To Improve Your Relationships, Don't Meet Halfway
Some of the most fundamental ideas you and I were “taught” are C-R-A-Z-Y and cause us to make a real mess of things – in this case eroding our most important relationships.
I’ve put “taught” in quotes because it wasn’t like our teachers or parents formally taught us these ideas. It’s more like our minds were infiltrated with ideas so obvious, so popular, so prevalent in our culture that it would be almost impossible to think anything different.
Indeed, when I stated to my mother-in-law the core premise of the video below – that “expecting relationships to be 50-50 is totally insane” – my mother-in-law looked at me like I was the complete lunatic.
She looked at me that way because the idea of 50-50 is universally accepted. And, of course, there is much value in it. 50-50 is fairness. And fairness is something we were taught to revere from our first days.
Fairness is something Aristotle and Solomon and Rawls and every Supreme Court justice has thought about deeply. Fairness is the focus of presidential and school board races.
Who can argue against fairness?
We fight for fairness in marriage, we quit marriage when it’s not fair, and in divorce people fight to near-death for what they think is the 50-50 they deserve to take out of the failed partnership.
Maybe that level of pain, resentment, and mutual accusation should be a hint that something’s wrong with the obsession with fairness.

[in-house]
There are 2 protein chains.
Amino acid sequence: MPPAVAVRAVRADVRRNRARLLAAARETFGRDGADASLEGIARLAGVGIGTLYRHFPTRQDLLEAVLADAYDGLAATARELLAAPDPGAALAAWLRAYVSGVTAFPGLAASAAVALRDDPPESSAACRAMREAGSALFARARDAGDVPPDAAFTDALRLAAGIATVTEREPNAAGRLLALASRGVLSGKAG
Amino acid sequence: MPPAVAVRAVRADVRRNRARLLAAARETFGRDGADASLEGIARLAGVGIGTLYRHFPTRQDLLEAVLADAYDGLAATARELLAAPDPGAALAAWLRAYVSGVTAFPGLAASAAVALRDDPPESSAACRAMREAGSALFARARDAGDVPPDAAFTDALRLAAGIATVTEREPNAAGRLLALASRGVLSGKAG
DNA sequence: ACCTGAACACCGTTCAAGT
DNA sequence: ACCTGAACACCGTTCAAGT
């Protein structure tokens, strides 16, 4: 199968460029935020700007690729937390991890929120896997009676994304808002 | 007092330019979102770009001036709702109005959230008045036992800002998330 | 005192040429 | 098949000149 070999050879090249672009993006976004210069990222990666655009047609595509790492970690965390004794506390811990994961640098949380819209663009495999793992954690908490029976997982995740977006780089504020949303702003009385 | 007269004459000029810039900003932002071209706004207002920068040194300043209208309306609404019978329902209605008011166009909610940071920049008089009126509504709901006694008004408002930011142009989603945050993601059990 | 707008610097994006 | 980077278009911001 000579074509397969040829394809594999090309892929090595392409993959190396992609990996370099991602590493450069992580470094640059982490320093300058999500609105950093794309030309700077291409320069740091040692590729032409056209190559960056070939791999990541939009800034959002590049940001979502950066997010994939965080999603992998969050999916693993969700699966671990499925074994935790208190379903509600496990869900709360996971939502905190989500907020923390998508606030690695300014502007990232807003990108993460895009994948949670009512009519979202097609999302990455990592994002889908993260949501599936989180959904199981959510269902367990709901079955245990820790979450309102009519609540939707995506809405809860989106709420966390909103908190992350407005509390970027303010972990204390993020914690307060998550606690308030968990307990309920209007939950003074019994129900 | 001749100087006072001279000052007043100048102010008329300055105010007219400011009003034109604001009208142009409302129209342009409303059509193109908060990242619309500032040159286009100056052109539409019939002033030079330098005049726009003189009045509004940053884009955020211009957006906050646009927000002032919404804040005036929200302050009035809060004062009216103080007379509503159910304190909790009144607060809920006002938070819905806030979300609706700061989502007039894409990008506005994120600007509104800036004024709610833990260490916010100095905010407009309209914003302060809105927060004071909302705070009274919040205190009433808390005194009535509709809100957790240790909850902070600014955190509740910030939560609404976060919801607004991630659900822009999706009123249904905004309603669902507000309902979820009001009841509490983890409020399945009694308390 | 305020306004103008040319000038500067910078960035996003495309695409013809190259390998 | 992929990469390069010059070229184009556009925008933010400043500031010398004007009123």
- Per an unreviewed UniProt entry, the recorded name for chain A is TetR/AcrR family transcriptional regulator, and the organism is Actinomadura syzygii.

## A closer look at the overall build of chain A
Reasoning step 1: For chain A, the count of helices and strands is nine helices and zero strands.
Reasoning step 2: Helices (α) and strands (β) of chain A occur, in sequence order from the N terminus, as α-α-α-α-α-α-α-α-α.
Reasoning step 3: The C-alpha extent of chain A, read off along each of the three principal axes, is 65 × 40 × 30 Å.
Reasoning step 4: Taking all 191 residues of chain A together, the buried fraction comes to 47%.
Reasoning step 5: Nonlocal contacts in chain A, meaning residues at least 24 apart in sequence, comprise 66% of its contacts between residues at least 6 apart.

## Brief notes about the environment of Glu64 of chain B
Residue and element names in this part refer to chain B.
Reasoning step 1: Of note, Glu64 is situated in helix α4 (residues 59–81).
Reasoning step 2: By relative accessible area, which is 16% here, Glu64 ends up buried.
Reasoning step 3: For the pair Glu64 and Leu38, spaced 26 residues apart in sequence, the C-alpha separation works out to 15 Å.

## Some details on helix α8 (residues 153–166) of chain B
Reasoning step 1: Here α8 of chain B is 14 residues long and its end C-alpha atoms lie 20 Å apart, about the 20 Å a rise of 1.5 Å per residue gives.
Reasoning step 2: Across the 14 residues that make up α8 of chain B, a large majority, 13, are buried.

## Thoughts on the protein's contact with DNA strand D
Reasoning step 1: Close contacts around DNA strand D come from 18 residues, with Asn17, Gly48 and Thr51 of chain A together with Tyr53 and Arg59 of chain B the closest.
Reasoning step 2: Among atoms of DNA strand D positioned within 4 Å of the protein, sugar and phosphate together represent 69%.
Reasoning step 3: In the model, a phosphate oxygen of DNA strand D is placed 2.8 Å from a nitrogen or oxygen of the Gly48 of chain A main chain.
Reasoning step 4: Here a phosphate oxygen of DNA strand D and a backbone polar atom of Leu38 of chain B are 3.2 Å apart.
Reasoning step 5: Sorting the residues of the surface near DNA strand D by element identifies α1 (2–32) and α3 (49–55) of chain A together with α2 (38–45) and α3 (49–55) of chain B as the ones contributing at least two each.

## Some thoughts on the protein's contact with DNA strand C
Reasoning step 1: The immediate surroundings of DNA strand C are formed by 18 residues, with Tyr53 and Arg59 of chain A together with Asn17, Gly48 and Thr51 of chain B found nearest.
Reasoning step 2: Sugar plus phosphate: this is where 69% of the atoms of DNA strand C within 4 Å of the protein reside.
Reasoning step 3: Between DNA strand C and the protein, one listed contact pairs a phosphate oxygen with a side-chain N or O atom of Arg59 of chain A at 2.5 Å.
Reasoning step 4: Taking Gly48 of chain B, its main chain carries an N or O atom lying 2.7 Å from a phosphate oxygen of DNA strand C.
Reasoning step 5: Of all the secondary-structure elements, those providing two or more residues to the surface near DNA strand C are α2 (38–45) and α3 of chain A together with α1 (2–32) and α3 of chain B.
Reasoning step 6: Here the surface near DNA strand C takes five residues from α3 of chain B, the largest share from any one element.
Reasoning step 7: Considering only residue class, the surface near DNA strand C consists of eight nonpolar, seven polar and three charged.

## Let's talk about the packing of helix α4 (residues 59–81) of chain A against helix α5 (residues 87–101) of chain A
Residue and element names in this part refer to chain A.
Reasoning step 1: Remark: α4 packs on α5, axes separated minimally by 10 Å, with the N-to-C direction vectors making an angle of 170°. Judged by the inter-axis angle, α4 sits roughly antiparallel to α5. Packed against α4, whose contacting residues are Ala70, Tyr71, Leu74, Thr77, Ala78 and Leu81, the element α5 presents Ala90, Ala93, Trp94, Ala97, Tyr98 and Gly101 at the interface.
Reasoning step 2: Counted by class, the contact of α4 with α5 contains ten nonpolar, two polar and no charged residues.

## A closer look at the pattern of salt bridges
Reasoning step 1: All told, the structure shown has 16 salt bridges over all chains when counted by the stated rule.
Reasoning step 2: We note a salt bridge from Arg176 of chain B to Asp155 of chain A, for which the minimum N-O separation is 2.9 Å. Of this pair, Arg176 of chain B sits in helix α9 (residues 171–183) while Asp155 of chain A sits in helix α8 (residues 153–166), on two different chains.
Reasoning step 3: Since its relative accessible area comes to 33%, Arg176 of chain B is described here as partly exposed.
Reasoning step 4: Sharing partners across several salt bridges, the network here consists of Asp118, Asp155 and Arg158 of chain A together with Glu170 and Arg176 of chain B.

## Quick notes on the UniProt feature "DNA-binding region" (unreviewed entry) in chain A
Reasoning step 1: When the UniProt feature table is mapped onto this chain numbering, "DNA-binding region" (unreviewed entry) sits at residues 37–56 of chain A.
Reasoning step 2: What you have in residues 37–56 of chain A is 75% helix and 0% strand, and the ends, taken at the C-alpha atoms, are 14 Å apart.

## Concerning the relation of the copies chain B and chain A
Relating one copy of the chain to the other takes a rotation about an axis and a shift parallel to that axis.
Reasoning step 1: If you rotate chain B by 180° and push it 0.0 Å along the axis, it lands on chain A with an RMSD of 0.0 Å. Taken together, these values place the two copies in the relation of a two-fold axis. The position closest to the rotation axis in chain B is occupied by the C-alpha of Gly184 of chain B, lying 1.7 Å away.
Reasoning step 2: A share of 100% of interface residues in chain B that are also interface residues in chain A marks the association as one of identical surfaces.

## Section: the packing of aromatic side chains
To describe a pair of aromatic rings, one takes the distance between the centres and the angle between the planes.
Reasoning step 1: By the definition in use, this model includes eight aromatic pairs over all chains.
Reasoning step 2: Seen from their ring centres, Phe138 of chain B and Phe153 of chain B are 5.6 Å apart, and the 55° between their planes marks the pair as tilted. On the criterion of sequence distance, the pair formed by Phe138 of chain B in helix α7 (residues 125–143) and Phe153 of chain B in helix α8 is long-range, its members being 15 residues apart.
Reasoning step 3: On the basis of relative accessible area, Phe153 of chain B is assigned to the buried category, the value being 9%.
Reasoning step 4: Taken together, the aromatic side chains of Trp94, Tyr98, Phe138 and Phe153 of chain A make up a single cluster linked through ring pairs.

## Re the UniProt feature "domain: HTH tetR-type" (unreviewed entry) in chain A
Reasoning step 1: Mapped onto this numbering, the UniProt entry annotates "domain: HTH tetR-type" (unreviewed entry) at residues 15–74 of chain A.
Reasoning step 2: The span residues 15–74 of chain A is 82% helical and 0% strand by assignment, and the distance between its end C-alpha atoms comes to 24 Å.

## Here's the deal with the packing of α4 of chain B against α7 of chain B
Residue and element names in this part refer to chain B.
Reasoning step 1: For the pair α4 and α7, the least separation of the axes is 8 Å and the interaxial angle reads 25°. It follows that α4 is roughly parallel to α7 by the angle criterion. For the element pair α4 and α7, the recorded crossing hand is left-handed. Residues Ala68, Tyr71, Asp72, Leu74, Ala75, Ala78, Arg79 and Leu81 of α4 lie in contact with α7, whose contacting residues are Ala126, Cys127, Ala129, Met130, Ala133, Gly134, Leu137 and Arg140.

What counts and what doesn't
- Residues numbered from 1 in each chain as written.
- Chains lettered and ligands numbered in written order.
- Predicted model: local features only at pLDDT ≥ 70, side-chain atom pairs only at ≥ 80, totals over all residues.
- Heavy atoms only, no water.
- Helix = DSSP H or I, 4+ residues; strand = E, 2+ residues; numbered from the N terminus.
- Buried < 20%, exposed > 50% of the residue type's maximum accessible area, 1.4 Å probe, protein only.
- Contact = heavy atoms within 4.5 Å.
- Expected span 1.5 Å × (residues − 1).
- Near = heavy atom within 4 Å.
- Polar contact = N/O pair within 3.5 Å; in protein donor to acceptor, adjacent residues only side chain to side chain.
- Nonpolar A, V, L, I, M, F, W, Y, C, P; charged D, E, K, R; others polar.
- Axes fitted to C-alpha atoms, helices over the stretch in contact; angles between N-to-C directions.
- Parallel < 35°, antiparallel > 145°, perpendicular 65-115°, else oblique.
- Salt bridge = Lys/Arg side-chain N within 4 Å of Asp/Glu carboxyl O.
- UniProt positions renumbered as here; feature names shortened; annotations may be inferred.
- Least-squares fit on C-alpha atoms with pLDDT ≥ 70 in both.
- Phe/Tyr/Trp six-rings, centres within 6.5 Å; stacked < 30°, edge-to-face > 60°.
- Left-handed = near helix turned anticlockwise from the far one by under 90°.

By contrast, consider my Aunt Jacquie and Uncle Ron. This past Saturday Ron died -- a week short of their 60th wedding anniversary.
Their last years were anything but 50-50. Ron had been victimized by Alzheimer’s, and so Jacquie covered 55 percent, 60 percent, 80 percent, and in the end 100 percent of the field of their relationship. In love – we do that.
Alzheimer’s marks the extreme case, but it also reveals the key notion: thinking you can meet at the 50 yard line on the field of relationship is a prescription for disaster. There must be cushion in any relationship – business and especially personal.
At any given moment, or day, or week, or even more, one of you needs the other to come more than halfway: She gets sick, her job demands that she stay late, the kids are demanding more emotionally, your parents demand that you give extra care, or one of you needs to go back to school.
If you expect 50-50 consistently, you’re set up for a fall.
What we should teach our kids and re-program ourselves is not to look for fairness and 50-50, but to offer 60-40 as our rule, guided by both generosity and prudence.
If we each commit to that principle, the likelihood is that over time we’ll end up right around the 50 yard line.
Join the conversation: I’d love to hear your thoughts on the video above. What would you add, offer, question, modify from your perspective and experience? As you:
Lead with your best self.
Dan Mulhern is an expert on leadership and organizational development. He currently teaches courses in business and law at UC Berkeley. Mulhern is the author of two leadership books, Everyday Leadership: Getting Results in Business, Politics and Life and Be Real: Inspiring Stories For Leading At Home And Work and is the co-author of the bestselling political book, A Governor's Story: The Fight for Jobs and America's Economic Future. He is married to Gov. Jennifer Granholm, who served two terms as the governor of Michigan. They have three children.